India conducts first LiDAR-based wind profiling to set up offshore farms

Preliminary assessment had shown promising offshore wind potential in the southern tip and west coast of India. Then a pre-feasibility report was prepared in which eight zones were identified on the Gujarat and Tamil Nadu coast. As it turns out, these are also zones high on smart cities .

India has successfully conducted a first-of-its-kind LiDAR-based offshore wind profile measurement at the Gulf of Khambhat in Gujarat, the National Institute of Wind Energy (NIWE) said in a recent report.

The Light Detection and Ranging (LiDAR) unit was situated about 25 km from the Gujarat coast.

Preliminary assessment had shown promising offshore wind potential in the southern tip and west coast of India. Then a pre-feasibility report was prepared in which eight zones were identified on the Gujarat and Tamil Nadu coast.

The period of data taken for analysis was from November 2017 to June 2018.

“The primary prevalent wind direction is south of south west with a wind speed occurrence of 20 per cent and secondary prevalent wind direction in North,” it said.

What made this study unique was the use of a LiDAR unit. This works similar to a underwater sonar or a radar on ground and measures wind speed and detects wind direction.

LiDAR is used extensively in the wind energy sector to measure wind potential for setting up offshore wind farms and its working is quite simple.

A wind LiDAR sits on the ground and measures the wind speed by emitting a laser beam out in the atmosphere. It then measures the time taken for that light to return to its source after being scattered back from the dust particles in the air.

Wind resource data collected for the coastline of Rameswaram and Kanyakumari in Tamil Nadu and Gujarat coast had shown reasonable potential. The preliminary assessment had suggested a potential to establish around 1000 MW capacity wind farm each along the coastline of Rameswaram and Kanyakumari in Tamil Nadu.

Offshore mean simulated wind power density. source: NIWE


Further, based on the satellite data analysis offshore potential needs to be rechecked by long-term measurements to take better decision for identifying and notifying the zones/sub-zones according to the offshore policy.

India a late entrant announced its National offshore wind energy policy only in 2015 to establish the policy framework for tapping the offshore wind potential in the country, which has remains untapped for long unlike the other parts of the world.

We at Iamrenew, believe that the latest interest in the offshore wind farms is a part of a larger scheme of things. The government has selected 99 cities to be developed as smart cities all around the country and these require extensive planning, besides renewable and sustainable power,  to make this a reality. If we look at the map of the proposed wind farms, the Gulf of Khambat area is in close proximity of Dholera (Guajarat’s first smart city under construction), Surat, Pipavav, Hazira and Alia bet, which will require energy for construction as well as sustenance.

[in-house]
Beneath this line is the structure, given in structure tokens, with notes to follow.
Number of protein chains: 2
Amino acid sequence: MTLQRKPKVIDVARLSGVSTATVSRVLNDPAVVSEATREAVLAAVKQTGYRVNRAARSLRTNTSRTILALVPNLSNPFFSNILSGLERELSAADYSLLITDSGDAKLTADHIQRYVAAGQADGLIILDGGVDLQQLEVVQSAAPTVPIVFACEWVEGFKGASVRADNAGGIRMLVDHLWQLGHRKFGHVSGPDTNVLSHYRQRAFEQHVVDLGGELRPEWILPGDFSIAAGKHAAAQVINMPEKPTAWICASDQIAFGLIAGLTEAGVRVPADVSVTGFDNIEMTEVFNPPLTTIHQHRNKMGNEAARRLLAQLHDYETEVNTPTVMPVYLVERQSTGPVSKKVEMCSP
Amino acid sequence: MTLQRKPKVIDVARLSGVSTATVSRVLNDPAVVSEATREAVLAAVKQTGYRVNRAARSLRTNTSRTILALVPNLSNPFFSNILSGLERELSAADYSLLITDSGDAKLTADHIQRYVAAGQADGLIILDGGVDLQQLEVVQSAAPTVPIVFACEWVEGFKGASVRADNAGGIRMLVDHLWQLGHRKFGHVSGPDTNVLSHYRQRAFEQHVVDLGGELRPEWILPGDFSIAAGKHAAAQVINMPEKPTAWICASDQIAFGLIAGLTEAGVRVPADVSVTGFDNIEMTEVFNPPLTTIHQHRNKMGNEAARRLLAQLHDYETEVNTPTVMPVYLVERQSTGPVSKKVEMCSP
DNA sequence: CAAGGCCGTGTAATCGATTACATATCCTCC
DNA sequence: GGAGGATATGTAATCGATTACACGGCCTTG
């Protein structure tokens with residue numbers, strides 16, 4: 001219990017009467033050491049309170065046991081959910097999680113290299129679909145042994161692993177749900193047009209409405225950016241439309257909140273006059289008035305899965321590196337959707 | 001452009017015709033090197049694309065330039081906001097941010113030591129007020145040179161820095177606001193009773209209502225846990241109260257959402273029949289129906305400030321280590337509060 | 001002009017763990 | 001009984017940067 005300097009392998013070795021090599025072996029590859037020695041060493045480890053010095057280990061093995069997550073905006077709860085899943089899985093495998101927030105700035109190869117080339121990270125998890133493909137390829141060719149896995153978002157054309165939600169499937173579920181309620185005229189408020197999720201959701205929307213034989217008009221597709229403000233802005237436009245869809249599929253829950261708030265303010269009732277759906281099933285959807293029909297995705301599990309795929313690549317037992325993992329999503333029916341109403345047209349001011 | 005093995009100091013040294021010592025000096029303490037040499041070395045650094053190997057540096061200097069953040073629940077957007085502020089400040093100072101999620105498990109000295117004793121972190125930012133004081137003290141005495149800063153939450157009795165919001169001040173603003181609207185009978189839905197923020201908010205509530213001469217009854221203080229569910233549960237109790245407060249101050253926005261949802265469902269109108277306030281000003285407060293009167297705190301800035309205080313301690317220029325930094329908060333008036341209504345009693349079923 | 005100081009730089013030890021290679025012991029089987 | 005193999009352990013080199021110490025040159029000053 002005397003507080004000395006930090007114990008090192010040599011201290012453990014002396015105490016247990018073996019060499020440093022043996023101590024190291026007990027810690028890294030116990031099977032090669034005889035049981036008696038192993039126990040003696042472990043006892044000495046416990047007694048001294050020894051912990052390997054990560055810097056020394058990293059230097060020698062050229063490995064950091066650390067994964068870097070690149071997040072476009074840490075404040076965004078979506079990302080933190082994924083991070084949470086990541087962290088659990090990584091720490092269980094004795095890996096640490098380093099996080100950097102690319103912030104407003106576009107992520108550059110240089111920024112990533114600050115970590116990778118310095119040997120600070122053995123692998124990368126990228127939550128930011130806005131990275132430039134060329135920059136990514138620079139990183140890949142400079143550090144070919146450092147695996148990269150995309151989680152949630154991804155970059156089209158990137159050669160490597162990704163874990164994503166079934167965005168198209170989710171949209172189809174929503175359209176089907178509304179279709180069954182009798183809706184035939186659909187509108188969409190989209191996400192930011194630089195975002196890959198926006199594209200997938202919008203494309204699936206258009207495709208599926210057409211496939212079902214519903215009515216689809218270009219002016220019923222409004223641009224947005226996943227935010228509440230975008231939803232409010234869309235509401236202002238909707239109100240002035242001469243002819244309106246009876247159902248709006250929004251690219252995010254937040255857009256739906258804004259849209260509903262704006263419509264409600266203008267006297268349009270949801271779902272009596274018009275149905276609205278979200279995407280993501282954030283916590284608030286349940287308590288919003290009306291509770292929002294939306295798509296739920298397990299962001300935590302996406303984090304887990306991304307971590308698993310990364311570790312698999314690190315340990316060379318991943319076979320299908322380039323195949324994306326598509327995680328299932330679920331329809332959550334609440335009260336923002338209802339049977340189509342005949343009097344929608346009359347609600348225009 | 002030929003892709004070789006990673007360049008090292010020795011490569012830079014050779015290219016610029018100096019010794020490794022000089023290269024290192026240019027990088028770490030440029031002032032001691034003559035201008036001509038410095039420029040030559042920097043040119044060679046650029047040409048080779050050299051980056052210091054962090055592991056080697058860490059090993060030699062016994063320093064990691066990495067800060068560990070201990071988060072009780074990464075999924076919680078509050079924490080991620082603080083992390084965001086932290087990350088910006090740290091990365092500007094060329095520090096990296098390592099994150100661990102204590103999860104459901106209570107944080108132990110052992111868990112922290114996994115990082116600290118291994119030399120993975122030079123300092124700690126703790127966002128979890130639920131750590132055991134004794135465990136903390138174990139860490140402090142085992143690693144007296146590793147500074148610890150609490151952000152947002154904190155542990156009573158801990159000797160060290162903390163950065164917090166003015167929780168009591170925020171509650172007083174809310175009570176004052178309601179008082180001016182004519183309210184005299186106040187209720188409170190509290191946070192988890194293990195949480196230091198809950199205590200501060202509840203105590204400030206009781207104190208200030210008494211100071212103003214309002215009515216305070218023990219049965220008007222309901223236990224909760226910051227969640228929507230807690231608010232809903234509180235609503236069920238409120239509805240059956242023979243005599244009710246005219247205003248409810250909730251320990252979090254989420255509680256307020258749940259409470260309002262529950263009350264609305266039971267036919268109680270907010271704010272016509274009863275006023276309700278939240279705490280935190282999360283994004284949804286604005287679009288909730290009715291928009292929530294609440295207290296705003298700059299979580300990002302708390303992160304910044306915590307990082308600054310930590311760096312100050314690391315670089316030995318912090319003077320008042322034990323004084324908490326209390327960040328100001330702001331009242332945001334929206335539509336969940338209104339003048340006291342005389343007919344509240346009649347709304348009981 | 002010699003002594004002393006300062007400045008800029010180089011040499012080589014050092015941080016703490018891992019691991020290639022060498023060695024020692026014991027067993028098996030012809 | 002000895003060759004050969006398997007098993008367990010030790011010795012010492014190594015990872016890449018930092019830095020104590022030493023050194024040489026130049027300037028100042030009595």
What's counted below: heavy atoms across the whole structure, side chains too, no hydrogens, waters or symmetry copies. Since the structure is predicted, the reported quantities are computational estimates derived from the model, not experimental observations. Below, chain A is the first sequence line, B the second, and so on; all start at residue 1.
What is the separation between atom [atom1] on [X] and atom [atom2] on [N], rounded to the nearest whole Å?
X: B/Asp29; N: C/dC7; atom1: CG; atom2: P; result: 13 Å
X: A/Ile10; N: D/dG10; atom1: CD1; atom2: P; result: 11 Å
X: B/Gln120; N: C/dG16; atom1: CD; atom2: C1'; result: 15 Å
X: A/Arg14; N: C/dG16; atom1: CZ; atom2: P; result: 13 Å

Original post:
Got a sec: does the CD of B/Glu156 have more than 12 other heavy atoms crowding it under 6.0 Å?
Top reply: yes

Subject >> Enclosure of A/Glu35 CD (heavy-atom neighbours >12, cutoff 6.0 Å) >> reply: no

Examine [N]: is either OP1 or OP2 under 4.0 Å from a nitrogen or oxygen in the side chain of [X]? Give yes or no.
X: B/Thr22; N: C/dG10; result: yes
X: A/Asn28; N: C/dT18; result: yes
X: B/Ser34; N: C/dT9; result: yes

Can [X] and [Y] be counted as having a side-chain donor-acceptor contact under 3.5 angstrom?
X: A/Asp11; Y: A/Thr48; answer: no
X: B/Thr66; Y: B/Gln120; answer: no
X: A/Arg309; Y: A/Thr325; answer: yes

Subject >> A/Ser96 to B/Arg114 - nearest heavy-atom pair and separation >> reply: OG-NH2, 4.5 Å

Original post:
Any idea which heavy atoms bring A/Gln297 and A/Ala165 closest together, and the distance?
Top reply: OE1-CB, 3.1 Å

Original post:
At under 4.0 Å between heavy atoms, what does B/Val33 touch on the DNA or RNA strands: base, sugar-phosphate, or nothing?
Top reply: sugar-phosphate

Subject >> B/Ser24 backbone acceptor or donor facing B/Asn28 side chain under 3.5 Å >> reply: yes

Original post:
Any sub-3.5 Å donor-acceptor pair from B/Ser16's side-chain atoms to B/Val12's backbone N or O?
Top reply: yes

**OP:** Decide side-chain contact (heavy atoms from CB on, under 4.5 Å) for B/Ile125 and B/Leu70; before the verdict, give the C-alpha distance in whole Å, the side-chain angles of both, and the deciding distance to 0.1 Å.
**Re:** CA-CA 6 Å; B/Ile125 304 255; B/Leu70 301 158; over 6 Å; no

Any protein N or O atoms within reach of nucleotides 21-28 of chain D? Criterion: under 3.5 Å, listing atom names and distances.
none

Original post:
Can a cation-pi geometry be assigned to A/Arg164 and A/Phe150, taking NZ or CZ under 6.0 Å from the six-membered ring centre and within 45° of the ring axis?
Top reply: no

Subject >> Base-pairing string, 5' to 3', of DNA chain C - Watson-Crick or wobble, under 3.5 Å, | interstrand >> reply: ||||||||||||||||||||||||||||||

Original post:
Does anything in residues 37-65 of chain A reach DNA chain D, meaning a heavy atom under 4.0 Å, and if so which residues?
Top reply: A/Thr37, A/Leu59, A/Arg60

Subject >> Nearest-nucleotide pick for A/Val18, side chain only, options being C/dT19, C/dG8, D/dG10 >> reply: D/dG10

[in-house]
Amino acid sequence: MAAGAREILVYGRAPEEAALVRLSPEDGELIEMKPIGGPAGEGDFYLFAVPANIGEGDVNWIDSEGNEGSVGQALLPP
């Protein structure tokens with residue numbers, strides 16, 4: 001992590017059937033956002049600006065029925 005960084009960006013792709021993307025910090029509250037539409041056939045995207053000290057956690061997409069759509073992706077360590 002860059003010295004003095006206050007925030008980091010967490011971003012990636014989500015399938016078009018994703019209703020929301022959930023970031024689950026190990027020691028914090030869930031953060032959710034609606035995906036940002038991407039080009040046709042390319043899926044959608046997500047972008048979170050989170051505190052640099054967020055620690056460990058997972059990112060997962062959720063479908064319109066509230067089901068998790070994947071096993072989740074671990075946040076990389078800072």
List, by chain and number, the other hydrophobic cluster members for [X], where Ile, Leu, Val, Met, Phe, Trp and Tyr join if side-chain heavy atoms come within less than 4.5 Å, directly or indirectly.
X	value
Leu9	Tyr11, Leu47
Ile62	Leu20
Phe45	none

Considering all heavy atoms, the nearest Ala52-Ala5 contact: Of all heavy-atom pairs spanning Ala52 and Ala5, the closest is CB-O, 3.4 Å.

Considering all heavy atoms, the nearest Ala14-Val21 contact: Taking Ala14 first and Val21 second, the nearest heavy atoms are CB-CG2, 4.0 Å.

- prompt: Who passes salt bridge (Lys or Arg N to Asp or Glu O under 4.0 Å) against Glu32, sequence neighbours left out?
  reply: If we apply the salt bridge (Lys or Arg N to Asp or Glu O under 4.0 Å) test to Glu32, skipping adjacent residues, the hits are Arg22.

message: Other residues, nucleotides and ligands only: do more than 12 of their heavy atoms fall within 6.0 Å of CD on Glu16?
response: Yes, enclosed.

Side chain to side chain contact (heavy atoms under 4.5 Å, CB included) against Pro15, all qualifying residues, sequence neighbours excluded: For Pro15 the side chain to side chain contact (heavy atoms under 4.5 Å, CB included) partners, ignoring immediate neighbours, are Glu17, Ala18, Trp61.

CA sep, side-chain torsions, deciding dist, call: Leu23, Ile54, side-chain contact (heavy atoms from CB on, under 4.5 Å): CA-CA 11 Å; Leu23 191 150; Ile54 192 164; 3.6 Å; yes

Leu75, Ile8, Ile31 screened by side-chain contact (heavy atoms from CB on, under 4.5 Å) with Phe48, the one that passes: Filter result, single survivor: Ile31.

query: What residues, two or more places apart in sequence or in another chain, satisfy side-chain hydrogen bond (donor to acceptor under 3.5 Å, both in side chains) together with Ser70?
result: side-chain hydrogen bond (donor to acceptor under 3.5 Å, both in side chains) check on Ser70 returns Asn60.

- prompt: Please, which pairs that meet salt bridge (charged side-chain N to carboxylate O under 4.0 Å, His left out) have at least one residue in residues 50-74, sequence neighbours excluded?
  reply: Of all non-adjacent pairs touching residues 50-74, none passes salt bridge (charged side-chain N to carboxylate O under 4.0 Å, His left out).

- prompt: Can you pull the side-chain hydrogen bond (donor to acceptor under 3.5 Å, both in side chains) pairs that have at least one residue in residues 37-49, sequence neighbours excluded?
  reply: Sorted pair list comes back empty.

The term may seem fancy, but the planning that will go into making every office, building, house and its utilities interconnected and online 24*7 will need sustainable electricity generation and heavy backup so that every sector, ie commercial or residential gets no power disruption.

Smart designs and operations in buildings are among the most important aspects of smart cities to ensure energy efficiency as well as occupant comfort and productivity. It is possible to realize 30% to 60% lower energy demand through efficient buildings as compared to regular buildings. For example: A regular office building may consume about 200 kWh/sq. m. annually, whereas an efficient building consumes about 85 kWh/sq. m. annually. This means we would actually have 58% lower energy demand if the future buildings are efficient as compared to regular buildings. Now if we multiply this according to the size of one smart city, the load on grids will easily surpass its present capacity. hence the smart grids and ‘islanding’ technique will ensure the continues supply of electricity. Here integration of offshore wind projects will come to the rescue. The wind Projects work in day and night and with energy efficient battery backups, the long term problem of power disruptions can be tackled.

all around the world there has been a remarkable growth in off-shore wind development, from less than 1 gigawatt of total installed capacity in 2006 to more than 19 gigawatts (GW) in 2017, and the pace is expected to accelerate.

The existing offshore wind farms existing or under development are in United Kingdom, Denmark, Germany, Belgium, China.

Over the past 25 years off shore wind technology has developed rapidly, with the first commercial plant beginning operation in Denmark in the early 2000s. By 2017 the United Kingdom (UK), Germany, China, Denmark and the Netherlands had the largest off shore wind markets, both in the number of wind farms and in total installed capacity according to IRENA, 2018 report. As such, these European countries, and recently China, have the most relevant experience to share with emerging off shore wind markets. Other non-European off shore wind markets – such as Japan and the United States (US) – are also growing but at a slower pace. According to projections from the International Renewable Energy Agency (IRENA), growth in off shore wind energy will accelerate in the coming years, with installed capacity rising from 19.2 GW in 2017 to 521 GW in 2050.

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